Prague, 22 October 1996 (RFE/RL) -- Elections in Russia, Europe, the Americas and Asia again capture the attention of Western commentators.
LOS ANGELES TIMES: Rutskoi's victory is another electoral setback for the Kremlin
In Russia, an obscure vote for a regional governorship attracts commentary on its potentially wider significance. Carol J. Williams, writing from Moscow, says today in an analysis: "Aleksandr V. Rutskoi, the Afghan war hero and former vice president who led an armed uprising against Russian President Boris N. Yeltsin three years ago, staged a stunning political comeback (yesterday), winning a regional governorship in the worst of several electoral setbacks for the Kremlin. With his landslide victory in the gubernatorial contest in the Kursk region, almost 300 miles south of Moscow, Rutskoi, a hard-line nationalist and retired air force general, also wins a seat in the upper house of parliament and a platform for launching new attacks on his ailing nemesis, Yeltsin."
Williams writes: "The strengthening forces of confrontation in the legislature have already rejected Yeltsin's 1997 budget proposal and have been dragging their feet on other vital bills that would provide more security for foreign investors, reform the prohibitive and ineffective tax system and allow Russians to buy land."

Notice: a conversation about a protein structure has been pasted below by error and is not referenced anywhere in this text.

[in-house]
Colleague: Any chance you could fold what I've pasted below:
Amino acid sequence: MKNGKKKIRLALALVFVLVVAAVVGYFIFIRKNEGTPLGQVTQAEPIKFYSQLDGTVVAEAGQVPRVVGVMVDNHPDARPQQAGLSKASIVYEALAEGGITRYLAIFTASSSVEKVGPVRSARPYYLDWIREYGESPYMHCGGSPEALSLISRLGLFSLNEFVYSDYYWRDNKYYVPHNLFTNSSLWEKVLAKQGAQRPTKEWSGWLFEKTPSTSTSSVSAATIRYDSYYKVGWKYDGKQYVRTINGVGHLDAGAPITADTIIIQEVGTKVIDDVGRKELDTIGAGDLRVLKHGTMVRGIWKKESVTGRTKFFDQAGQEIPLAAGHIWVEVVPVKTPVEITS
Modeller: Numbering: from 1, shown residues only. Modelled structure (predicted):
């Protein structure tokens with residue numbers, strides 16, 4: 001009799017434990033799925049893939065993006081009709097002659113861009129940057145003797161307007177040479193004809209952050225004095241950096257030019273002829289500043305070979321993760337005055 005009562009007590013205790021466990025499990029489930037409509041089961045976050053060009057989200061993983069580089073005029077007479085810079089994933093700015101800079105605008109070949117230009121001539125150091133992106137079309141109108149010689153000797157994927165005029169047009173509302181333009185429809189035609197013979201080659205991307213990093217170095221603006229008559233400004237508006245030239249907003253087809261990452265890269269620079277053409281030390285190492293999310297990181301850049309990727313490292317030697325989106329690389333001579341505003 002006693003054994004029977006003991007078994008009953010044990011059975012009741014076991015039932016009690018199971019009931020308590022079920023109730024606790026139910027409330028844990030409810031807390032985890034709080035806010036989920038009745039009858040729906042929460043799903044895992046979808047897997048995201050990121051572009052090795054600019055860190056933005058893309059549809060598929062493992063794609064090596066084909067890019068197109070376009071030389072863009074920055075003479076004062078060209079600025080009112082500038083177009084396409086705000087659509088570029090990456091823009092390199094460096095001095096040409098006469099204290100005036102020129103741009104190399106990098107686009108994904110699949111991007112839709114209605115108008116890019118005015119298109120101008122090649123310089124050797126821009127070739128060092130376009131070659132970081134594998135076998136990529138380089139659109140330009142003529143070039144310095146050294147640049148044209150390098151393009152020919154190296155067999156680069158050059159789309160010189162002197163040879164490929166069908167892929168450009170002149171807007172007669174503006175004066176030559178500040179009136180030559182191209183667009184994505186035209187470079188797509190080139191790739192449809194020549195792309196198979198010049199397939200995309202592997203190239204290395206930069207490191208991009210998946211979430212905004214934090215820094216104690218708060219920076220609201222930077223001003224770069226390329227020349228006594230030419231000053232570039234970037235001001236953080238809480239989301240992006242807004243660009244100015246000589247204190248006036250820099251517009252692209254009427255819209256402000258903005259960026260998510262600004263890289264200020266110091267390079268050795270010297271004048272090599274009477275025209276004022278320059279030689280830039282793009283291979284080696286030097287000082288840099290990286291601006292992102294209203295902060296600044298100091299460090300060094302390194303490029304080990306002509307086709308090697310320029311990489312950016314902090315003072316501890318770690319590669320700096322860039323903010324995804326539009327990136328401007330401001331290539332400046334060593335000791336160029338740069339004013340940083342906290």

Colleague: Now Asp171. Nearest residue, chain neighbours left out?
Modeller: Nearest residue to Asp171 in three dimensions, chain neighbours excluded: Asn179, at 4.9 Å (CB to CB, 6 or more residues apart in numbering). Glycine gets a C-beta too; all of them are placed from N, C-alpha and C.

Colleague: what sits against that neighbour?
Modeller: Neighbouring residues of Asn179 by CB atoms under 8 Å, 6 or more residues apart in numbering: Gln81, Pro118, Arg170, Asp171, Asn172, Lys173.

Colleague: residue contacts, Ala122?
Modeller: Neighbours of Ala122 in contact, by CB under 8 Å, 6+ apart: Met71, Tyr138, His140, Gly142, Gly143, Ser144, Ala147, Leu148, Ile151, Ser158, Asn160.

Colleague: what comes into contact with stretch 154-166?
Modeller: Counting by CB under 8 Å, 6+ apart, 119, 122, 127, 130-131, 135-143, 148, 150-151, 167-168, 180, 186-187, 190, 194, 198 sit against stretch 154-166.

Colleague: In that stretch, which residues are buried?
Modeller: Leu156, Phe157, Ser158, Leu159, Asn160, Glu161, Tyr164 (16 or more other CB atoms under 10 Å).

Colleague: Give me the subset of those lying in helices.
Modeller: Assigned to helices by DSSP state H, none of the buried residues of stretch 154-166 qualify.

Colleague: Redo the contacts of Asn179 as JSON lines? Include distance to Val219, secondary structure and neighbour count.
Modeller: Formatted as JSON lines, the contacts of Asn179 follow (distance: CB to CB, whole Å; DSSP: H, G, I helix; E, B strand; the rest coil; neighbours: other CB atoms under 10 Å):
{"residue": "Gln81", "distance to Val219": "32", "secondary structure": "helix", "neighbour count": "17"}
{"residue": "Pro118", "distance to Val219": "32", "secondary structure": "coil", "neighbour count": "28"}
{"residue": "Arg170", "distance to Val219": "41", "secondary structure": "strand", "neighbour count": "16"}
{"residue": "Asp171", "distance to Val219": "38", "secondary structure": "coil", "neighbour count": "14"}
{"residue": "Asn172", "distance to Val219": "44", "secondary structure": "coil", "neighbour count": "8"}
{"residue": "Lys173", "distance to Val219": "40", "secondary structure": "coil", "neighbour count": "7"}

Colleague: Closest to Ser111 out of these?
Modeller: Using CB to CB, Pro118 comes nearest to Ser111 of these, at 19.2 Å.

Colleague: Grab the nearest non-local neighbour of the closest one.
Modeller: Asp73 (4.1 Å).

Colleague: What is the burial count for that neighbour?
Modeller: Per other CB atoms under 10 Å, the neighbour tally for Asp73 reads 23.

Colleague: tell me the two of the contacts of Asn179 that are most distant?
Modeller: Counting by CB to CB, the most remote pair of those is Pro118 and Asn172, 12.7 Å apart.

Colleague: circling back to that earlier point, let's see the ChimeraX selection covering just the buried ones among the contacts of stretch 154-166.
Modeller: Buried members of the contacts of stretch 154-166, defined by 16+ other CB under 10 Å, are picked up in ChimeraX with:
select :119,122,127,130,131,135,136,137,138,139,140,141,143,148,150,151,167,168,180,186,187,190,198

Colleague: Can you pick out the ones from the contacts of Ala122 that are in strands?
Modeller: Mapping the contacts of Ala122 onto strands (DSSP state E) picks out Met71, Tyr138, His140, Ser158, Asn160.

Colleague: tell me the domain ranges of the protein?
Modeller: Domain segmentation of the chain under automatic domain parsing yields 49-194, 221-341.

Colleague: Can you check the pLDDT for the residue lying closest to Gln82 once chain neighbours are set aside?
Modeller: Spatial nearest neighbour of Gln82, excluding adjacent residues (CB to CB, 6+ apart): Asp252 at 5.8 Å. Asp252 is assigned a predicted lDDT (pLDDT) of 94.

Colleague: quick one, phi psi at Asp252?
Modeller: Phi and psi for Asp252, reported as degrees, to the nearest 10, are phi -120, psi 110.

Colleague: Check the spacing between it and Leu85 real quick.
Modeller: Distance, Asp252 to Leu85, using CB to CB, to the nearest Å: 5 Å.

She adds: "Rutskoi garnered 79 percent of the vote in the four-man race in Kursk, indicating broad dissatisfaction with the political status quo. Opponents of candidates backed by the Kremlin also prevailed in the Kirov and Kaliningrad regions, and a runoff will be needed to determine a winner in the Pskov region northwest of Moscow."
SUDDEUTSCHE ZEITUNG: The economy is the most important subject for the Russian people
In an analysis in today's edition, Miriam Neubert writes: "In local elections in Russia the former vice president and fierce Yeltsin opponent Alexander Rutskoi won the governor's post in Kursk." She says: "For the voters, the personality of the candidate is usually more important than the color of his party. Polls show that the economy is the most important subject for the people -- the building-up of the industry and the creation of new jobs, a reliable supply of electricity and heating, construction of new apartments as well as functioning hospitals and schools. In many regions in Russia, all these are tender spots. Communists and nationalists try to transform the social dissatisfaction into votes for their governor candidates."
FINANCIAL TIMES: Voters in Kursk delivered a rebuff to Yeltsin